Tuesday, February 22, 2011


The Oracle at Delphi was famous throughout the Ancient world for the quality of the visions - and their interpretation - that could be obtained there.  A caste of priests did the interpretation, and very likely embodied an astute mix of politics and Madame Clio style hucksterism; this was no doubt a major contributor to Delphi's reputation.  But the power came from a deeper, more primal source.

The Pythia was the priestess who, perhaps under the influence of volcanic vapors or drugs, went into the trance and received the vision.  It was the vision that tapped the deep root of the psyche, and undoubtedly it made an enormous impression on the supplicant.

Visions are known throughout the world, in all societies and all times.  The people who have visions are universally held to be sacred, tabu.

I can understand this, not just intellectually, but in my gut.  Seeing someone communing with forces not of this world is a powerful, mystical experience.  Knowing that it's the mind itself that is the original source of these upwellings makes it more powerful, not less.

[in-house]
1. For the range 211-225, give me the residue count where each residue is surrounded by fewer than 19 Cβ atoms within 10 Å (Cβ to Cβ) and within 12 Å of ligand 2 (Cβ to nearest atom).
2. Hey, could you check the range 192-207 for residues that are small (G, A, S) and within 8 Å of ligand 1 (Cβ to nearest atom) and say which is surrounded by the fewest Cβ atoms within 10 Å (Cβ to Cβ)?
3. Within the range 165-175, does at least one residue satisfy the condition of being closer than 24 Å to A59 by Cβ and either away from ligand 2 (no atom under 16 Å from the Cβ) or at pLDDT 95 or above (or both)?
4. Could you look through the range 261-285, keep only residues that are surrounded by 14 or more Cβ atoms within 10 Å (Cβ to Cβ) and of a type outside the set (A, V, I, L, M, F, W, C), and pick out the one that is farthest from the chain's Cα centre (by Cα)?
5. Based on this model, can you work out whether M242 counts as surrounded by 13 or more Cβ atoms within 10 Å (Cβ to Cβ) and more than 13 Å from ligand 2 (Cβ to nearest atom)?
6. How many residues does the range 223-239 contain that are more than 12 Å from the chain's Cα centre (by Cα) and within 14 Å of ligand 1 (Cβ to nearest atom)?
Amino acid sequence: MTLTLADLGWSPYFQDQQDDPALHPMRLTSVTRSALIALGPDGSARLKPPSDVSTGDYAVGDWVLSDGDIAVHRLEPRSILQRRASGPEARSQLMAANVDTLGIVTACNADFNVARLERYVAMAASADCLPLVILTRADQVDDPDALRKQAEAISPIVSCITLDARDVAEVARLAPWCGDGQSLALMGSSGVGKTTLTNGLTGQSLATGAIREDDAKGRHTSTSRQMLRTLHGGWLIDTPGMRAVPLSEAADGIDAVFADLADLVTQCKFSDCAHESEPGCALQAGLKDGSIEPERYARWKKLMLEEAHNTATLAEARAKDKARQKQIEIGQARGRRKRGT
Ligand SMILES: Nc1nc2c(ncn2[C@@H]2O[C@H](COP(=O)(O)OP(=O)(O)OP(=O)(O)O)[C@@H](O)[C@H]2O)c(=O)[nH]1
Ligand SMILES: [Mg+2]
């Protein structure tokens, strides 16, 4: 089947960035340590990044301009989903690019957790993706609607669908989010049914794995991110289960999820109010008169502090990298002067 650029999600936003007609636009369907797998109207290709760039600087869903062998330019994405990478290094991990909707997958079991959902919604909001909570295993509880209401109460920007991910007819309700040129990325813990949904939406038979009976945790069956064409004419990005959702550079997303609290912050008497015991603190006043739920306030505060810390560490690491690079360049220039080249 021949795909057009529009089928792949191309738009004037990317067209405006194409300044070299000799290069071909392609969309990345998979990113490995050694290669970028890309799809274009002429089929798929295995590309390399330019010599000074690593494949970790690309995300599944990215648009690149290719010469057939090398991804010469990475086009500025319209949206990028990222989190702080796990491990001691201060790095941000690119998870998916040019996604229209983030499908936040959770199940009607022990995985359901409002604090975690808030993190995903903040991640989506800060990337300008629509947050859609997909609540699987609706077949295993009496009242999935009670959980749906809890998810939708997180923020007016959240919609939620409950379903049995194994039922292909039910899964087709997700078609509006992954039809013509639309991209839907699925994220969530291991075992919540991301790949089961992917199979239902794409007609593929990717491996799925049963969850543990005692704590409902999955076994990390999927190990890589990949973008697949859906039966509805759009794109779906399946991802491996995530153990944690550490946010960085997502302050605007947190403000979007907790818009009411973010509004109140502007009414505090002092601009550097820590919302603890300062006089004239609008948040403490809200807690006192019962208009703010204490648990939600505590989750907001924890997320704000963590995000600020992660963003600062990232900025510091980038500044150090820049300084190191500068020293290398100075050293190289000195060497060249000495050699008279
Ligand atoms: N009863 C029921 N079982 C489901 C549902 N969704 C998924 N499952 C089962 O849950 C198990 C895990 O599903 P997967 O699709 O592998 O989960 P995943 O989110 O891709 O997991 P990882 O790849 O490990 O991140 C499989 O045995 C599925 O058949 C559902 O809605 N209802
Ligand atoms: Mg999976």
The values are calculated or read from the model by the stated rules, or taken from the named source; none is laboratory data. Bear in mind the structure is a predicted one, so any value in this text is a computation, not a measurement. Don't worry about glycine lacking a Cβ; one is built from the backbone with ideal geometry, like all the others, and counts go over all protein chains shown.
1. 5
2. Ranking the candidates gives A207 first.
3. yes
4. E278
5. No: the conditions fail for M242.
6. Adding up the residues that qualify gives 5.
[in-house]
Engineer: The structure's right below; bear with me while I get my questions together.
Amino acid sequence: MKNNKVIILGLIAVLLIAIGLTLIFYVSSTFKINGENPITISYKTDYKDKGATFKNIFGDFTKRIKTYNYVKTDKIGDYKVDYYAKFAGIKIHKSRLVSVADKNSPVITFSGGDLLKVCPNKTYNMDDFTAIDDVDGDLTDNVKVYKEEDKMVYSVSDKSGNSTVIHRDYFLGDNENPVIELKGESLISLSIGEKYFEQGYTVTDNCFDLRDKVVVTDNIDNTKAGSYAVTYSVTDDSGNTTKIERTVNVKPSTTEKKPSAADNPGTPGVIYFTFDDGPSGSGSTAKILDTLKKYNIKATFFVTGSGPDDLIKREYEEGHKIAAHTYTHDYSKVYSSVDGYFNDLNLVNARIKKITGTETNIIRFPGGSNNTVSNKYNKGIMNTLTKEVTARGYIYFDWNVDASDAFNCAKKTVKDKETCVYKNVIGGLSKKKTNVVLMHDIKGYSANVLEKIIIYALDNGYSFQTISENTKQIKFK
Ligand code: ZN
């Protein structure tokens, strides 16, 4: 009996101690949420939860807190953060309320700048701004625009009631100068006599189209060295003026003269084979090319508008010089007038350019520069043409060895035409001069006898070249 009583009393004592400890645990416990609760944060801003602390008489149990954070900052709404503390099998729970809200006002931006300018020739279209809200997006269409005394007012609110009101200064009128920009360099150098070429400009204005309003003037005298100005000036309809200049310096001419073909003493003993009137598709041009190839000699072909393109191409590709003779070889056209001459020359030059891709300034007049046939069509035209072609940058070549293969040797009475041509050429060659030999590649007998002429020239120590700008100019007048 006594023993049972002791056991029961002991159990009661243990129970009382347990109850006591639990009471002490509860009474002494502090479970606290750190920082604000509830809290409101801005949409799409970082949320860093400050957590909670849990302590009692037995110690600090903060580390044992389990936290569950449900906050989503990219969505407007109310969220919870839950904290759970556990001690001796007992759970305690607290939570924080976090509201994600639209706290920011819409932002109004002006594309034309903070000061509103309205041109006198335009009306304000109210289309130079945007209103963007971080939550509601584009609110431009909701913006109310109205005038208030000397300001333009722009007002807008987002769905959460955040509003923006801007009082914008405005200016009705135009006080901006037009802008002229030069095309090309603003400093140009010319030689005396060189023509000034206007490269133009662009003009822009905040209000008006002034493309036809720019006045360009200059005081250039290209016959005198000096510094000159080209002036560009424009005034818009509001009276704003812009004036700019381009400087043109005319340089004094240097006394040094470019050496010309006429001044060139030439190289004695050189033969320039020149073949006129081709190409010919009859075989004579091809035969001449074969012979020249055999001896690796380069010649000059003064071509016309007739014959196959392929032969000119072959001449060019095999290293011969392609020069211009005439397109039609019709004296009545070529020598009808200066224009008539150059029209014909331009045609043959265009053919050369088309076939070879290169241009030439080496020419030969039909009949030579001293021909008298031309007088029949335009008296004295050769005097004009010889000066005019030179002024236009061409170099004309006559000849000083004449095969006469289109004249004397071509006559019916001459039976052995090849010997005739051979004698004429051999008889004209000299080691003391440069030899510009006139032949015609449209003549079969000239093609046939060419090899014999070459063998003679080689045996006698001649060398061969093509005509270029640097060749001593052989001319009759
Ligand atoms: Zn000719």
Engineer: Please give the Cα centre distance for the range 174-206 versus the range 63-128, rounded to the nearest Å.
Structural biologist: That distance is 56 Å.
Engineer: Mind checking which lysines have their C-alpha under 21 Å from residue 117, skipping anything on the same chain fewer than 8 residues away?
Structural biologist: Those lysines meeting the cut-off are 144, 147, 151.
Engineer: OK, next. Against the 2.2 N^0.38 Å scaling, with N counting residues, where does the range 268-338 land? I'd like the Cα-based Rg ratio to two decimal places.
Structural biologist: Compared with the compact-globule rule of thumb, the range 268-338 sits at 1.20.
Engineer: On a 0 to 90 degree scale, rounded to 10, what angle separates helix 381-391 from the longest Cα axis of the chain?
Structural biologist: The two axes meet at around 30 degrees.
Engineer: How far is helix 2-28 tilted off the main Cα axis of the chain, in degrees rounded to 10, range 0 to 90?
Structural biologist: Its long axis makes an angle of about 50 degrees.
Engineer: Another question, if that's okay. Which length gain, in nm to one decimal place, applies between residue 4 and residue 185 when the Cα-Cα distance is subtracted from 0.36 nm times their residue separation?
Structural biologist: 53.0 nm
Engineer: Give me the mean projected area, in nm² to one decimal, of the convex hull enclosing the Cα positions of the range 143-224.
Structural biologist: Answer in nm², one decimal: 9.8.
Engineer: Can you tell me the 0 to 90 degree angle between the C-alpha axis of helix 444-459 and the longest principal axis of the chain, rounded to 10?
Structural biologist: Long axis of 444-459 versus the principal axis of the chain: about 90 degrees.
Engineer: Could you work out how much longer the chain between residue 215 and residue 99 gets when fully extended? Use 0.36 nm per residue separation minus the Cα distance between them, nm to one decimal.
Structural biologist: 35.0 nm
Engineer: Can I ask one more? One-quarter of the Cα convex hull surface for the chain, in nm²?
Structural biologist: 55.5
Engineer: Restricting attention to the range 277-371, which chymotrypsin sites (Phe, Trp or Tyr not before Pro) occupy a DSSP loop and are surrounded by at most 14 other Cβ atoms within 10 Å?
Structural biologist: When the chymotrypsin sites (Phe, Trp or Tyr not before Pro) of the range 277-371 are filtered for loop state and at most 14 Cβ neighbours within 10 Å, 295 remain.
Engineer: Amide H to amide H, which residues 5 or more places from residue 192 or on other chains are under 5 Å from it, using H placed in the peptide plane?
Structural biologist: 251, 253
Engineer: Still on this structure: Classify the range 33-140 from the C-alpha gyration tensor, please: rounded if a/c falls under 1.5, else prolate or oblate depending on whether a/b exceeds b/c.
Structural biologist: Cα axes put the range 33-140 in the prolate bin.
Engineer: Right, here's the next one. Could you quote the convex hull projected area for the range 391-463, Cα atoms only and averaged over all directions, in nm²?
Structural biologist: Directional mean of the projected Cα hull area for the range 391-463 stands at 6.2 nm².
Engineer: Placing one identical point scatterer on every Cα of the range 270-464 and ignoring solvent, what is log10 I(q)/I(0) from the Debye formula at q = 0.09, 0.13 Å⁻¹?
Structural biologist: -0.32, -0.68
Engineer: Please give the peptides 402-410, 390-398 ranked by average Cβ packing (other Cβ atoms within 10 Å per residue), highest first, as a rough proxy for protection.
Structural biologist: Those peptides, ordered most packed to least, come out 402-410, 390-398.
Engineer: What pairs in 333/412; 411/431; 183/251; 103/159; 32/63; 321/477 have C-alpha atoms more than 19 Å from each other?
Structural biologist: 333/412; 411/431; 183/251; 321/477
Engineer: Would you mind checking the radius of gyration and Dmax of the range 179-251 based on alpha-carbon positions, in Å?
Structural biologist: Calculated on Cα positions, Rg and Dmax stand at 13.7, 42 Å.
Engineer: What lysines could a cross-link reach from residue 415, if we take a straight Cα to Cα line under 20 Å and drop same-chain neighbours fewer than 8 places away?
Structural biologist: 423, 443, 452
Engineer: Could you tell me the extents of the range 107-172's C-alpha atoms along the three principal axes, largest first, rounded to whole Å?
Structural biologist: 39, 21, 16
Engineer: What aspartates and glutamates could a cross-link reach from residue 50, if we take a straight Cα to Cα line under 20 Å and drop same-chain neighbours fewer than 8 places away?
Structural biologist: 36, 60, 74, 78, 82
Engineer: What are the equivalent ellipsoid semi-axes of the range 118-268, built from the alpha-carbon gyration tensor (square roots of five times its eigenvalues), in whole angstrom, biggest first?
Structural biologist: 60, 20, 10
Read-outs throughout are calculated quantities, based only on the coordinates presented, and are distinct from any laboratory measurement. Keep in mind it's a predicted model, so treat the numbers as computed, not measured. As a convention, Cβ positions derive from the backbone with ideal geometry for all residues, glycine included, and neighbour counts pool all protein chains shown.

It's awe inspiring, and I write this as a scientifically trained son of the Enlightenment.  There is something mystical, and holy, and unintelligible present, something that makes our efforts at comprehending the Universe seem puny indeed.

No matter how impressive IBM's Jeopardy winning computer is - from a technical viewpoint - it shrivels to insignificance in the presence of the Oracle.
Lord, if You had not revealed to me what You revealed to me,
this would not be happening to me.
Lord, if You had revealed to them what You revealed to me,
this would not be happening to me.
Lord, praise be to Thee in all Thy works.

- Sufi mystic Mansur al-Hallaj, as he was crucified for heresy

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